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[icon] That's one small step for man; one giant leap for mankind - Tales of the Compassionate Virago
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Subject:That's one small step for man; one giant leap for mankind
Time:09:14 pm
Ok, so I don't remember hearing that famous phrase. But I do have vague memories of the occasion, and a 5 year old's understanding of the significance of the event.

My dad called me into the living room. Dad was sitting on the couch, with Mom perched on the arm. They had turned the lights off. The room was illuminated by the black and white flickering of the TV in a box.  . I was amused by the astronaut that was doing the kangeroo dance. It was hard for me to believe that they were walking on the moon. Not that I was a conspiracy theorist, but I was a pretty *literal* minded little girl. I looked out the window at the moon. I did not see tiny pinpricks of men dancing on the moon. What struck me at the time as being important was the way my parents were so transfixed.

Dad retained his interest in things Space. He went through this Chariots of the Gods/Erich Von Daniken phase a few years later.  This was the guy that espoused the "ancient astronaut" theory, ie, that all cultural events that occurred in  evolving ancient history was because of visiting aliens. My mom was more skeptical, but willing to go along. After all, she was from Roswell.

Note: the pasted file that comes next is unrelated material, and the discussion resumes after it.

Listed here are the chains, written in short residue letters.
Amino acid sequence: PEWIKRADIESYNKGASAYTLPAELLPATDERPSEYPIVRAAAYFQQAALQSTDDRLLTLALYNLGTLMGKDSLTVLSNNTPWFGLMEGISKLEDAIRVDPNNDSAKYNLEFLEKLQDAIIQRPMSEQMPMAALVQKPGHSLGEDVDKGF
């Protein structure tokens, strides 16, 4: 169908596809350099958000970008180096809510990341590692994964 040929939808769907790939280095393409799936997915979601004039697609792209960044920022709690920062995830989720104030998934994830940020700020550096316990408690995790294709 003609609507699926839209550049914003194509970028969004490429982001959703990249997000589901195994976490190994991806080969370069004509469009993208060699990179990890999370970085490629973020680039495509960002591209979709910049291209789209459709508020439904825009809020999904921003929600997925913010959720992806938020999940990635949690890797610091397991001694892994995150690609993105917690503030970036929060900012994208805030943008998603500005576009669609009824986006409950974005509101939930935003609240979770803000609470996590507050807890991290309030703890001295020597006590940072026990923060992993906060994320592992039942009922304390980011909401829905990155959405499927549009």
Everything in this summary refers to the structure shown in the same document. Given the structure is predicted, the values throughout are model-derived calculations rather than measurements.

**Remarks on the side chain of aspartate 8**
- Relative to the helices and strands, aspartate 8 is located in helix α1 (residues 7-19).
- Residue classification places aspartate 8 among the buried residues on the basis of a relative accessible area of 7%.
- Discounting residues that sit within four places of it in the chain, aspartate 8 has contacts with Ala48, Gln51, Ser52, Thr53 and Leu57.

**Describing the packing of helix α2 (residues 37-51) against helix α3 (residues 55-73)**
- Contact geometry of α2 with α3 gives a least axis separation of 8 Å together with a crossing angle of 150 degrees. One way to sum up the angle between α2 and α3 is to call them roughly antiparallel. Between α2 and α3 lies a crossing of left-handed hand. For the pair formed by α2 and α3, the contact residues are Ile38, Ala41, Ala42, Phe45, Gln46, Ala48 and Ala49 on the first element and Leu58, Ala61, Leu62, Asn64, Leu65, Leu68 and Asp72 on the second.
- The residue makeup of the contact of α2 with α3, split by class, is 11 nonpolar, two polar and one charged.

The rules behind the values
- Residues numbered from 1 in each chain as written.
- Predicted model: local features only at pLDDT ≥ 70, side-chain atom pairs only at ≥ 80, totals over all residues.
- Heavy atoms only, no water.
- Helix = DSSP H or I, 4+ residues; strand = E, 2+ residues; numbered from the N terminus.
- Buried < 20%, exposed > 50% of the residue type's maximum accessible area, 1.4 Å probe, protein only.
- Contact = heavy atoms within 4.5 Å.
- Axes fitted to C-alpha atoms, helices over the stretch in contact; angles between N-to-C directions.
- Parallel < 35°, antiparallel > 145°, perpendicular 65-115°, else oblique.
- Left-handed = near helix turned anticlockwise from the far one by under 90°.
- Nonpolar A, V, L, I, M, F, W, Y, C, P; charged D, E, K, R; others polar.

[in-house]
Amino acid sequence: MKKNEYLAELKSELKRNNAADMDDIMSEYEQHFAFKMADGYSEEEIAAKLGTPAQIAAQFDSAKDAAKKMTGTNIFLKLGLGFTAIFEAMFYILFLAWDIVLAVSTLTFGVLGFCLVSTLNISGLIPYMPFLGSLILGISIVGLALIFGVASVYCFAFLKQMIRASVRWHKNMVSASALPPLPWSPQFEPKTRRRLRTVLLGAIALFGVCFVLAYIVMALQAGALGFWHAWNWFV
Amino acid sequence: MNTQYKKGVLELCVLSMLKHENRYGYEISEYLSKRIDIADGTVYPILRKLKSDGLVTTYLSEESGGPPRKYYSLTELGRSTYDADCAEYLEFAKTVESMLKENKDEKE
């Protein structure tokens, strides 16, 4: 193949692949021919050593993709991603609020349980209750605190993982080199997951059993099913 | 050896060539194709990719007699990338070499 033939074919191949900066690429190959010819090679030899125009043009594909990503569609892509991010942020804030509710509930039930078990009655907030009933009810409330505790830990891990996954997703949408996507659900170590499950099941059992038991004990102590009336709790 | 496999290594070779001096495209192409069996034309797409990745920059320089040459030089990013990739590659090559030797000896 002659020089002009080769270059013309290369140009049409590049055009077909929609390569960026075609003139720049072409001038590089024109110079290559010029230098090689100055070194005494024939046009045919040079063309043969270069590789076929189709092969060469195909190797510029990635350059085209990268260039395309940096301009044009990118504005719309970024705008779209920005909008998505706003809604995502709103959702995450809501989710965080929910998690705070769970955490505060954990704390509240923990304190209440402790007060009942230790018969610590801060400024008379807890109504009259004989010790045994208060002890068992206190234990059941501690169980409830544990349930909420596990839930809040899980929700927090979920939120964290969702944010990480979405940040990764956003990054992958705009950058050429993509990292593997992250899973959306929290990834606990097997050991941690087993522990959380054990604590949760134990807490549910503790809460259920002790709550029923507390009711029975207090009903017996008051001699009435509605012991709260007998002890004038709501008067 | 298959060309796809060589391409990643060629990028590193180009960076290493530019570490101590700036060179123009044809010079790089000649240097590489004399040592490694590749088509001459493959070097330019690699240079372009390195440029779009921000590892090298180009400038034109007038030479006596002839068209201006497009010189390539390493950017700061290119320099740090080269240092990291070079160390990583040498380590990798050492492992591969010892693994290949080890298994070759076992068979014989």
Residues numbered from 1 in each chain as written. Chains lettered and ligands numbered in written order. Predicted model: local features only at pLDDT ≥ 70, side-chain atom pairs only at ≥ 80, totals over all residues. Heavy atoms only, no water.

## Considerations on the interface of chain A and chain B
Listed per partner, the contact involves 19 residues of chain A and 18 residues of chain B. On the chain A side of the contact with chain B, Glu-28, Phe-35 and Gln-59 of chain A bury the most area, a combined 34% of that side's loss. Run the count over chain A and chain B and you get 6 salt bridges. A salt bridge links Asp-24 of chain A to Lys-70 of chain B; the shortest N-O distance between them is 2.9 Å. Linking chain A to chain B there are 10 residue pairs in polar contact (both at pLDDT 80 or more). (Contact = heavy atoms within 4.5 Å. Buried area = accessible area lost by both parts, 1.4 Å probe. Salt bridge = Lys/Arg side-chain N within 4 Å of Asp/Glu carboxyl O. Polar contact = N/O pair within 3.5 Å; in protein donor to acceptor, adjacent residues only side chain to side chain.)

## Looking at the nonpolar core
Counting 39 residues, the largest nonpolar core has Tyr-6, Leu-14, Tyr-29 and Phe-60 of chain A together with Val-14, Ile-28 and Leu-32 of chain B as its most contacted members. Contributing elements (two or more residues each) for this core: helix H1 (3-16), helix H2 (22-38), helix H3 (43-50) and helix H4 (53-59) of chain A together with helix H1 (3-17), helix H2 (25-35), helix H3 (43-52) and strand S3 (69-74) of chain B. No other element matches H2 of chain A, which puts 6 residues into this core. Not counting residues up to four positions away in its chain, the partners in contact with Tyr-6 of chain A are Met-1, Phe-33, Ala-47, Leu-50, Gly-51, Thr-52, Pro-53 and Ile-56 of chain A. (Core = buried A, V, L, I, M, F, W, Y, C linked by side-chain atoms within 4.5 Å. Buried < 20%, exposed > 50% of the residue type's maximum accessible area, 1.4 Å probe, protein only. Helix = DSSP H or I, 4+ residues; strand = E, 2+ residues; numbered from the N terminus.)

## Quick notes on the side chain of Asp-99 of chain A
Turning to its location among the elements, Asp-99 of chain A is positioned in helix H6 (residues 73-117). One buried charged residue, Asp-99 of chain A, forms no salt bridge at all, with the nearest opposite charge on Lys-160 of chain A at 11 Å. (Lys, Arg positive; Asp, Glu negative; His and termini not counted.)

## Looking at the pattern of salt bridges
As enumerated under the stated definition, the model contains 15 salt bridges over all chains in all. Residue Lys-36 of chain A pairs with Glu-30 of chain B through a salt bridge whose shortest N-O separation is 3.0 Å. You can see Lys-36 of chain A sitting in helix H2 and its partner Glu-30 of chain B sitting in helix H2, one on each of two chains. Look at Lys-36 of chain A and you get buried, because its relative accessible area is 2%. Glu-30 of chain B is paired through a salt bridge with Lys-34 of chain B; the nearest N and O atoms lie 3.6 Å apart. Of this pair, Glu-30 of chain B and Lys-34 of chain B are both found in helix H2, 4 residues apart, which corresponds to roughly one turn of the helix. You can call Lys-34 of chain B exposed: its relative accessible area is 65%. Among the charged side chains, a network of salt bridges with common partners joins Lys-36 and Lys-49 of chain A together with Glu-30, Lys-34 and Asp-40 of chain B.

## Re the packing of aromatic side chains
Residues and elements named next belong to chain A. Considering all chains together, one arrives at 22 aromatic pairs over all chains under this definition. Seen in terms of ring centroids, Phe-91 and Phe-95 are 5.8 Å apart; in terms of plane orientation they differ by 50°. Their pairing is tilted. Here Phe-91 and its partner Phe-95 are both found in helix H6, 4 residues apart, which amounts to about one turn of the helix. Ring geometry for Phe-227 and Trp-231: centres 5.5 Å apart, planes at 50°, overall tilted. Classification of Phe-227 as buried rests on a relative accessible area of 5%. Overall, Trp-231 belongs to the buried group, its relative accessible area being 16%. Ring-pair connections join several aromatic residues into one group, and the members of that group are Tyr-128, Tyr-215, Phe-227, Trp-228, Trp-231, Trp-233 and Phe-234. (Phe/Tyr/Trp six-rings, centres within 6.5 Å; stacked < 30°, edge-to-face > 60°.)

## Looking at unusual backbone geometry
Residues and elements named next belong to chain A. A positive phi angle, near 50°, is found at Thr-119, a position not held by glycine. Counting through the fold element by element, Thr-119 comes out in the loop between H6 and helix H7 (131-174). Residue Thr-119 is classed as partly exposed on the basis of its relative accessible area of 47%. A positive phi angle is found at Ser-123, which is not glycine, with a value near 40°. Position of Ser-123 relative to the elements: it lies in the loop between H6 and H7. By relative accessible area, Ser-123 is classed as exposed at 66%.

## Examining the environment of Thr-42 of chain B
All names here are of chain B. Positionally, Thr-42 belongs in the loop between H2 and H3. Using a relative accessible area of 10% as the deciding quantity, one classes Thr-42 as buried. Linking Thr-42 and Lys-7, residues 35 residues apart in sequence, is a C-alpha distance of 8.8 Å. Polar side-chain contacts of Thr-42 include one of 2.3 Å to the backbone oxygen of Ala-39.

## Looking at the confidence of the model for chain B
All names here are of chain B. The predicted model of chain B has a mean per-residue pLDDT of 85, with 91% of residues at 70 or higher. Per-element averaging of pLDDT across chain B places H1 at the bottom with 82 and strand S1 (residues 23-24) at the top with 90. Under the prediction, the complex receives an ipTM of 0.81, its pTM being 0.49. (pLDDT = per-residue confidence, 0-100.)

My dad is no longer fascinated by aliens. But he lives on the Space Coast (think Cape Canaveral, Cocoa Beach, Merrit Island). He watches launchings from his back yard. I am sure that next week, we will be touring the Kennedy Space Center. I am looking forward to it.
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boars_heart
Subject:I was a little older . . .
Link:(Link)
Time:2009-07-21 02:58 pm (UTC)
10, I think. There was a church service that night; must have been a Wednesday? At any rate, the parsonage was just across the parking lot from the church and we watched the landing there, on their television. I'd watch for awhile, then go out and look up at the moon and just marvel. Grew up reading science fiction, and had already read lots and lots of Asimov and Bradbury and Bova and Clark by then, as well as tons of Doc Savage.

I believed in our future in space. And here it was. It was a pivotal moment in my childhood, definitely.

~B
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kymsuzann
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Time:2009-07-22 12:42 pm (UTC)
I was 4 and have the barest sliver of a memory of watching the astronaut step off the ladder onto the surface of the moon. Our tv (in a box, as you said Ramona....good descriptive) stood in the corner of the living room and if I remember correctly we sat with Mom and Dad on the floor watching.

Wasn't there a moon buggy as well? I seem to remember that, and a golfball being hit at some point in time.

Are you going to visit your folks Ramona?
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[icon] That's one small step for man; one giant leap for mankind - Tales of the Compassionate Virago
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